Women make less than men in the United States over the course of an entire career. Sometimes, women make career choices — such as going into fields that pay less or reducing work hours to take care of a family — that decrease their lifetime pay. However, management at all levels can do things to help keep women on the job, prepare them for promotions and maintain a healthy work-life balance.
Remove Any Biases
Human resources can remove any biases when it hires new employees to replace a previous worker. HR managers can ascertain what the position is actually worth based on job duties, responsibilities, skills and the level of knowledge needed to maintain the position. This examination lets HR determine the real value of a position without using the amount earned by the person who held the job previously.
Annual audits across all departments can help determine if the company bases pay on performance, experience and market value. Managers can determine which positions need more training opportunities so everyone, including women, has an equal chance to earn promotions. Programs can include management training and leadership skills courses to teach employees what it takes to move to the next level.
Networking and Mentoring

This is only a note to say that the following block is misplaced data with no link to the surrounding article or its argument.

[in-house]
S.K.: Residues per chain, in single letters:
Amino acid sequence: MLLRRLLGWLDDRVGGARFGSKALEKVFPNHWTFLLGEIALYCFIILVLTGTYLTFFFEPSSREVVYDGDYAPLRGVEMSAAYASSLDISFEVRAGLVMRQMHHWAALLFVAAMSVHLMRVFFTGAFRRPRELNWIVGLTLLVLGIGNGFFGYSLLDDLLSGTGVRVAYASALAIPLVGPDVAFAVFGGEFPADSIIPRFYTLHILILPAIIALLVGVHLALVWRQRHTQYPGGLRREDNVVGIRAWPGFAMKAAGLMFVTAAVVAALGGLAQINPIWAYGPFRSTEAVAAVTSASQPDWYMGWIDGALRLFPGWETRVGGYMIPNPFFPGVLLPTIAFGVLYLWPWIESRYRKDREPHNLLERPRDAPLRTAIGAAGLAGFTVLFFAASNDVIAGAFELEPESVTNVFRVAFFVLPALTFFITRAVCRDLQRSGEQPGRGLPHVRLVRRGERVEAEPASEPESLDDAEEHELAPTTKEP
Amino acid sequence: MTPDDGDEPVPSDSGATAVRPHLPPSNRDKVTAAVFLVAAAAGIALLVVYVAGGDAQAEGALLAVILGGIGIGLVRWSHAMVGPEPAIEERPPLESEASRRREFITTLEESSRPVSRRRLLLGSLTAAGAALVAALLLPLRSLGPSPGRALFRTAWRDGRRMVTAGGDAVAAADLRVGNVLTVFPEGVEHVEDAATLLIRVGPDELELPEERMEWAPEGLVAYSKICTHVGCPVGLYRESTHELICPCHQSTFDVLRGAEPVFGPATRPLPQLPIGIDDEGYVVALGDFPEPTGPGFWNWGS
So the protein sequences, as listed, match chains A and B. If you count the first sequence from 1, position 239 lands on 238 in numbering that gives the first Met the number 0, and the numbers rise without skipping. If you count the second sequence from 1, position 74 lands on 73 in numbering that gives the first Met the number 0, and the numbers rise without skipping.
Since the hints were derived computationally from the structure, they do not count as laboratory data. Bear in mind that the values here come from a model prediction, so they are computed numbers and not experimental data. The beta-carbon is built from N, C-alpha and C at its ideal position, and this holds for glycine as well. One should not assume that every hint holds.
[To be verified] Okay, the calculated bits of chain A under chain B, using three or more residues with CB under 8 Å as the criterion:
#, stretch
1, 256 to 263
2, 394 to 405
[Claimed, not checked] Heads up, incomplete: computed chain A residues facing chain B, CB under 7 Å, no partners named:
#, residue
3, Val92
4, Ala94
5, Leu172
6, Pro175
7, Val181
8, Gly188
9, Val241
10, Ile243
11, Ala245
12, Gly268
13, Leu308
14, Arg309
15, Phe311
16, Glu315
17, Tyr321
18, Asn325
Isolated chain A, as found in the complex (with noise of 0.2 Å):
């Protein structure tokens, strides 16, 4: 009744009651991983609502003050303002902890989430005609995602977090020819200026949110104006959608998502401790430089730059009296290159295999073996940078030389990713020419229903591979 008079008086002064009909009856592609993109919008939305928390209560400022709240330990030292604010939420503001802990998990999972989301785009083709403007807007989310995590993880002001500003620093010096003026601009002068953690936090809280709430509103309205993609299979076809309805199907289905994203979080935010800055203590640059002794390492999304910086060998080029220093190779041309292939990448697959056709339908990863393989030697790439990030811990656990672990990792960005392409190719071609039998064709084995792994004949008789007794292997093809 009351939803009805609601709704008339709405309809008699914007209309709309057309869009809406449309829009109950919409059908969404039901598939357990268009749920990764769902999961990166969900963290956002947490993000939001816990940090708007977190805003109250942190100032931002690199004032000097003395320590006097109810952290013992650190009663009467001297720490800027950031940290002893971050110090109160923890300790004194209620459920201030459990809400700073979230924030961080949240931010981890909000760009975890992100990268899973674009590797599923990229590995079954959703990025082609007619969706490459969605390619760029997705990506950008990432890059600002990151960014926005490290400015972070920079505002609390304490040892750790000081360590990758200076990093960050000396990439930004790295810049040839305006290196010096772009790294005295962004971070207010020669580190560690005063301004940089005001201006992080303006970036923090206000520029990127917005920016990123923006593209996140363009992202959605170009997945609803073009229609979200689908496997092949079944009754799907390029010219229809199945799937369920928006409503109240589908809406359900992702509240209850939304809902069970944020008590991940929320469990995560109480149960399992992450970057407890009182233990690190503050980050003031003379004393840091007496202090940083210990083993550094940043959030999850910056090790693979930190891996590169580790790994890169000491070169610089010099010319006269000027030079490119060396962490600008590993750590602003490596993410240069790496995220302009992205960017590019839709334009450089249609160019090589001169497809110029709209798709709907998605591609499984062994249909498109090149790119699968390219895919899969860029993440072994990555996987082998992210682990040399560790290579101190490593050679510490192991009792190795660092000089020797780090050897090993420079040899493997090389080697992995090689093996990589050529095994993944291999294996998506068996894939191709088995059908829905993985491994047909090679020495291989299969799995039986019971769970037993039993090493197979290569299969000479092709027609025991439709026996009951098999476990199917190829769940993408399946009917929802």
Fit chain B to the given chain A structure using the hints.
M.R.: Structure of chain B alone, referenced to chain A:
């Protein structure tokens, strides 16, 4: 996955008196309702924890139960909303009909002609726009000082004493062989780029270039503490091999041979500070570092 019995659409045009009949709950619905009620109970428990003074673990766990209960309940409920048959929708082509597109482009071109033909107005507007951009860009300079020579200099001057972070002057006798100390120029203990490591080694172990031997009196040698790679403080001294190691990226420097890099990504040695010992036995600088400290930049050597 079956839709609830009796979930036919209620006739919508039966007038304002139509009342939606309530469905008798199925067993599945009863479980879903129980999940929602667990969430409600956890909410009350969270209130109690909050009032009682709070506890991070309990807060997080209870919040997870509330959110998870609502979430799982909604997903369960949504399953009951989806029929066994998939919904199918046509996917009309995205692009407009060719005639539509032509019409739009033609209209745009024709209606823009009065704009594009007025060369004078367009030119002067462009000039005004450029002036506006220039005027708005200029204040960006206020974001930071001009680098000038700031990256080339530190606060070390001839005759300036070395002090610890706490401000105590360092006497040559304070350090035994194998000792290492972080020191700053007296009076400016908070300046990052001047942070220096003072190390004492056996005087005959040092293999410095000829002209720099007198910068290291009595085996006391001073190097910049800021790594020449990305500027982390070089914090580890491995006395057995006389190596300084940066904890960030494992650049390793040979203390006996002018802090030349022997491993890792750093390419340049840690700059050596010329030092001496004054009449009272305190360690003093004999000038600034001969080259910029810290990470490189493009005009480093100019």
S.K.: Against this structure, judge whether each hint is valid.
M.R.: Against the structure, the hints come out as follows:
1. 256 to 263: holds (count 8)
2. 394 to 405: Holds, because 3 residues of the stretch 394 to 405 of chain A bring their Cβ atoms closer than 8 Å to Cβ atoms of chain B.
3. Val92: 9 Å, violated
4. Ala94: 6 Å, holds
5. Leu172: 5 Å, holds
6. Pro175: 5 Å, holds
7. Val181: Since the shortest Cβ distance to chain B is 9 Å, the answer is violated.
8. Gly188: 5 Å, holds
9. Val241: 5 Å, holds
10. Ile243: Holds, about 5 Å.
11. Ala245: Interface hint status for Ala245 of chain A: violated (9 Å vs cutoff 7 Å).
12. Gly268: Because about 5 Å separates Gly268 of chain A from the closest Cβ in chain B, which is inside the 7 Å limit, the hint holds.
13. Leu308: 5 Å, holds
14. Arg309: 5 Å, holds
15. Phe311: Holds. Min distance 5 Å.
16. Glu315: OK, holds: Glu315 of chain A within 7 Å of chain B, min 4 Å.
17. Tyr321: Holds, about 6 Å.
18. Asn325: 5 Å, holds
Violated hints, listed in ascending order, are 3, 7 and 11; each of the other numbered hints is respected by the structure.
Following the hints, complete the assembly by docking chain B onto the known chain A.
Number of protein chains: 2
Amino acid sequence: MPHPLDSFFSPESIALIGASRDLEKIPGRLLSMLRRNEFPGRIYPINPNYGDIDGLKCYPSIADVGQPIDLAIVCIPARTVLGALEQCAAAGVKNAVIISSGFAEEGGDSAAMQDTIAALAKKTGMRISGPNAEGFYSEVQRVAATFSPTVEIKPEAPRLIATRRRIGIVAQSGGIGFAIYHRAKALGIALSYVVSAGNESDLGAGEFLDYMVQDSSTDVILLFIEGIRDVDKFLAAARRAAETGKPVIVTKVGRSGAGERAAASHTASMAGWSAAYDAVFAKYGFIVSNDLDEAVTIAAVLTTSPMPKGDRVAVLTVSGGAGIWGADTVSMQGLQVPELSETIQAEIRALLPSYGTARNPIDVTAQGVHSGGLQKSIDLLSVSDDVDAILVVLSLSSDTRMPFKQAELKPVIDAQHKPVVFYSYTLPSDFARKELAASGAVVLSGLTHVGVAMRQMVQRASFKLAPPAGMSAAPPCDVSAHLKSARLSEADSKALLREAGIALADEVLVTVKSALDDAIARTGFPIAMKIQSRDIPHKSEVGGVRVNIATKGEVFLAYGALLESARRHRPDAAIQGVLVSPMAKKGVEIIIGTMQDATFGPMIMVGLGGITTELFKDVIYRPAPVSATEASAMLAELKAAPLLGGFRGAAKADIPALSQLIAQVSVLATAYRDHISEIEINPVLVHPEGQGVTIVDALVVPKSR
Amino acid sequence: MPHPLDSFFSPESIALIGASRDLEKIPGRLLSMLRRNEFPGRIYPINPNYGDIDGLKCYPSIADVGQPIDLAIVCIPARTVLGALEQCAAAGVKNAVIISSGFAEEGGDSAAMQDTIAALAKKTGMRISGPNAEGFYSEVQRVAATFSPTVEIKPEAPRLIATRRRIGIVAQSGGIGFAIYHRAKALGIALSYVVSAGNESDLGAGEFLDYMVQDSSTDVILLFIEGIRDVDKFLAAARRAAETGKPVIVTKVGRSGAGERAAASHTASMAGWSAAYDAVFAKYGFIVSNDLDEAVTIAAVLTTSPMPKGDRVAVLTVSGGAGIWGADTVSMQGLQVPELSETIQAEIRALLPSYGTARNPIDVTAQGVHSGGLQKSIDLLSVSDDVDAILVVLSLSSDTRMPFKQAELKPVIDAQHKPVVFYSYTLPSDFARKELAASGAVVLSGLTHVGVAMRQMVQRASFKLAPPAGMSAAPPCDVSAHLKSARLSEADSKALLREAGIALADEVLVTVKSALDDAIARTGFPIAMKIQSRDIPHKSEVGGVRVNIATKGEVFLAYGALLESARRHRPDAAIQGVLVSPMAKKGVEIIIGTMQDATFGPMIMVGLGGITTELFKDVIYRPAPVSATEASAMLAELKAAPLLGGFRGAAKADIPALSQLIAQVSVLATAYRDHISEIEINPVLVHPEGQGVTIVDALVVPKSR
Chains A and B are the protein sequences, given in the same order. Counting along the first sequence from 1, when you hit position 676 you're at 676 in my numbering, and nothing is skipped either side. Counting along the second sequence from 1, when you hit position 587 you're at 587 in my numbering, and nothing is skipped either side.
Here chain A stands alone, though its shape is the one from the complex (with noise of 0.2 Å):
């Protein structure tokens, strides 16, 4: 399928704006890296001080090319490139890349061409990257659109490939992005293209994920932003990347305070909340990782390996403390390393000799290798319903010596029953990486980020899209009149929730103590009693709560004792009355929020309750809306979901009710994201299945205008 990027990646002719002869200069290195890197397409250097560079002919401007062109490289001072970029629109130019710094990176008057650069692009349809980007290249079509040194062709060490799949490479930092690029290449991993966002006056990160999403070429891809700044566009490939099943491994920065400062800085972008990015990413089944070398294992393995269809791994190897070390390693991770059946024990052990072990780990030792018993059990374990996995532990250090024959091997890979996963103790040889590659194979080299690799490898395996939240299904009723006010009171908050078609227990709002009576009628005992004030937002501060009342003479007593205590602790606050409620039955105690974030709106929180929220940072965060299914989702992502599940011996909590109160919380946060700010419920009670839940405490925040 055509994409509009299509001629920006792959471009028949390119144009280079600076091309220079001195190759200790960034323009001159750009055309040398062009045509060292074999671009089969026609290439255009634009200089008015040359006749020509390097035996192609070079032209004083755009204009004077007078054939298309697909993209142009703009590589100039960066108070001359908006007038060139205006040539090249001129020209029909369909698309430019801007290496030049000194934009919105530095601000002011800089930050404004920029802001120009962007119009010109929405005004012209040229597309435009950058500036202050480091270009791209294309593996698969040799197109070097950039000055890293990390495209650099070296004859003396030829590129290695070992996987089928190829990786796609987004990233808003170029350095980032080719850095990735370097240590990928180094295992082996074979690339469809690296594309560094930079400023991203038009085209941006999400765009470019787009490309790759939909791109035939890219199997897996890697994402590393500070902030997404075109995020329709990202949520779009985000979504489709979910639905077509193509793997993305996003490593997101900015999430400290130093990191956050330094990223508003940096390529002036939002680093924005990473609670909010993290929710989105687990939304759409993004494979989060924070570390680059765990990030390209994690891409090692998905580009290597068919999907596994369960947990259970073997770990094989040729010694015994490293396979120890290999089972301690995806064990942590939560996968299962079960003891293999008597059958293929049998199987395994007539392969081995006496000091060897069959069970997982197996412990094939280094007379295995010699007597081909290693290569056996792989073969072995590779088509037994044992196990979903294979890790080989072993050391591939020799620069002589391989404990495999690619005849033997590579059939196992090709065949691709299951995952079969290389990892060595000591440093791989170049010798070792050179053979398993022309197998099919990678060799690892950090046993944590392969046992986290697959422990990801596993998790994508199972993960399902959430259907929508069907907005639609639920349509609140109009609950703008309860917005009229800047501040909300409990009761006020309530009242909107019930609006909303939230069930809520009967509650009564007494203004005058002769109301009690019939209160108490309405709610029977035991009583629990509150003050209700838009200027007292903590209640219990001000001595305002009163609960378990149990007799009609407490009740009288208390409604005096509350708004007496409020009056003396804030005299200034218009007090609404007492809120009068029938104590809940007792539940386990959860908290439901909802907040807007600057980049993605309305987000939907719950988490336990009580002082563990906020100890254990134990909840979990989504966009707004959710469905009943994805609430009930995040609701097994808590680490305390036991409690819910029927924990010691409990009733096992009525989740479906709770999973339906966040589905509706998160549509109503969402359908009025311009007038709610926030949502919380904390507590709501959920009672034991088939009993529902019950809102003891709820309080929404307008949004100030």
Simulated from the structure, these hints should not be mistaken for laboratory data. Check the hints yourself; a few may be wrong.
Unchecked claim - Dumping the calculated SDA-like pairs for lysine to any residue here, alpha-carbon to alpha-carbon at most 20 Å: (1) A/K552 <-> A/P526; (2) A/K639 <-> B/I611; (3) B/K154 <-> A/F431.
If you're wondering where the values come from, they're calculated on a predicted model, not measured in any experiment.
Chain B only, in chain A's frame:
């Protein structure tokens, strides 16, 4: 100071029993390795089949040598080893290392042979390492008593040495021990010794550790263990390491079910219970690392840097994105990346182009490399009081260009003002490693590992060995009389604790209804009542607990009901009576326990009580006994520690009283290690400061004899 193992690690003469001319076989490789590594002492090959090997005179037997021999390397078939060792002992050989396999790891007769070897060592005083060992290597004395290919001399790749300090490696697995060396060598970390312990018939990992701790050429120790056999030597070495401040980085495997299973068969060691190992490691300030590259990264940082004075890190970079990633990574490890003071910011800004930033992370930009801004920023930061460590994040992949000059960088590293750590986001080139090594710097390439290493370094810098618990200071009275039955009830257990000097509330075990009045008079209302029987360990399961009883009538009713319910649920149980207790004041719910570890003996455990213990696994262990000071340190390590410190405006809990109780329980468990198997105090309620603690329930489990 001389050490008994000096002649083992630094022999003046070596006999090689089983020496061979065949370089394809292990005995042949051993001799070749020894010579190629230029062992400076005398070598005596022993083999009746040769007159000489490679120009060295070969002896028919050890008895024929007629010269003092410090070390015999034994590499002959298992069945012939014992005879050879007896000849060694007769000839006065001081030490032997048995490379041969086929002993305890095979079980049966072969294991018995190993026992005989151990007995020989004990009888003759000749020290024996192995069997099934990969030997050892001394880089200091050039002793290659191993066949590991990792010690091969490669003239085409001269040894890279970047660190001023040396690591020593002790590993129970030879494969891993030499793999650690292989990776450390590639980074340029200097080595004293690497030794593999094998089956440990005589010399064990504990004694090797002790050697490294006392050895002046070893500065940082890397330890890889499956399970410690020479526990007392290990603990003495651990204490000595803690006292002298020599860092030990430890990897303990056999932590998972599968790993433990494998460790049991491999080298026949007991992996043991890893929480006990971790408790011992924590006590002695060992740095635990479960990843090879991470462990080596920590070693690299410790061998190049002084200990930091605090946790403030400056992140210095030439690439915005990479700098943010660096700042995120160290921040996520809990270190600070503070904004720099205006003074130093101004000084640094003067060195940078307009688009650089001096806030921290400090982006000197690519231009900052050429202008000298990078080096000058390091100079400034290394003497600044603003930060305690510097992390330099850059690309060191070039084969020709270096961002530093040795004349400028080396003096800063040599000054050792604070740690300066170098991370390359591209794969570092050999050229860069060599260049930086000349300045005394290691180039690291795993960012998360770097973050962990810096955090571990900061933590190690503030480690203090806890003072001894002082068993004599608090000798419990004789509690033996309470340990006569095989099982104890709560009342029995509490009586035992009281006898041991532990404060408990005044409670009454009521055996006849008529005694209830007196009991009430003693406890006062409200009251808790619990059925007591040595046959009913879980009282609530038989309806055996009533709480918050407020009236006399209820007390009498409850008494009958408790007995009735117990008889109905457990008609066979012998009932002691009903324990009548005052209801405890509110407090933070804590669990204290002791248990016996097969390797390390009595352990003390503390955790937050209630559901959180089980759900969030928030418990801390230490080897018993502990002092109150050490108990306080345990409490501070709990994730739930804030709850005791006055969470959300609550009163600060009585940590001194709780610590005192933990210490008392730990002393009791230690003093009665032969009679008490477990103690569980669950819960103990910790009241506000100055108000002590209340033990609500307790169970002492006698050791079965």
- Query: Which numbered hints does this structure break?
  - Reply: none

Creating more networking and mentoring opportunities represents two ways employers can help employees maintain and expand their knowledge base. Employers should ensure men and women have access to these opportunities. Managers can examine personality traits of individuals who display characteristics of future business leaders. These outstanding employees can attend workshops and networking events to increase working knowledge of the industry.
Executives, both male and female, should reach out to women who are candidates for mentoring. Personalized mentoring can go a long way toward keeping women on a certain career path despite any challenges. Although mentoring is an informal process, some formalized benefits may make it easier for women to stay with a chosen career longer.
Scheduling, Flexible Hours and Higher Pay
Scheduling, paid leave and flexible work hours are all issues important to women who seek ways to maintain a job while raising a family. Companies can allow women to take more time off to care for children to encourage mothers to stay with the company for longer periods of time. Women could lose up to $275,000 in wages due to caregiving duties at home. Paid family leave can alleviate that loss.
Flexible schedules, rather than on-call schedules, also encourage women to stay employed. Working parents need to arrange for child care, doctor appointments, and rides to and from school. Employers that have flexible schedules make it easier on working families and single mothers to adapt to having a career and a family at the same time.
Employers could increase the minimum wage of entry-level employees. Although the federal minimum wage is the lower limit, that figure does not stop companies from paying employees a higher wage to start. More money, coupled with better scheduling, go a long way to lessening the gender wage gap.
The disparity in pay between men and women occurs for several reasons. Managers, executives and HR departments can take practical steps to ensure women get a better chance to make money while maintaining a career. This makes sense and dollars for employers that foster these concepts.
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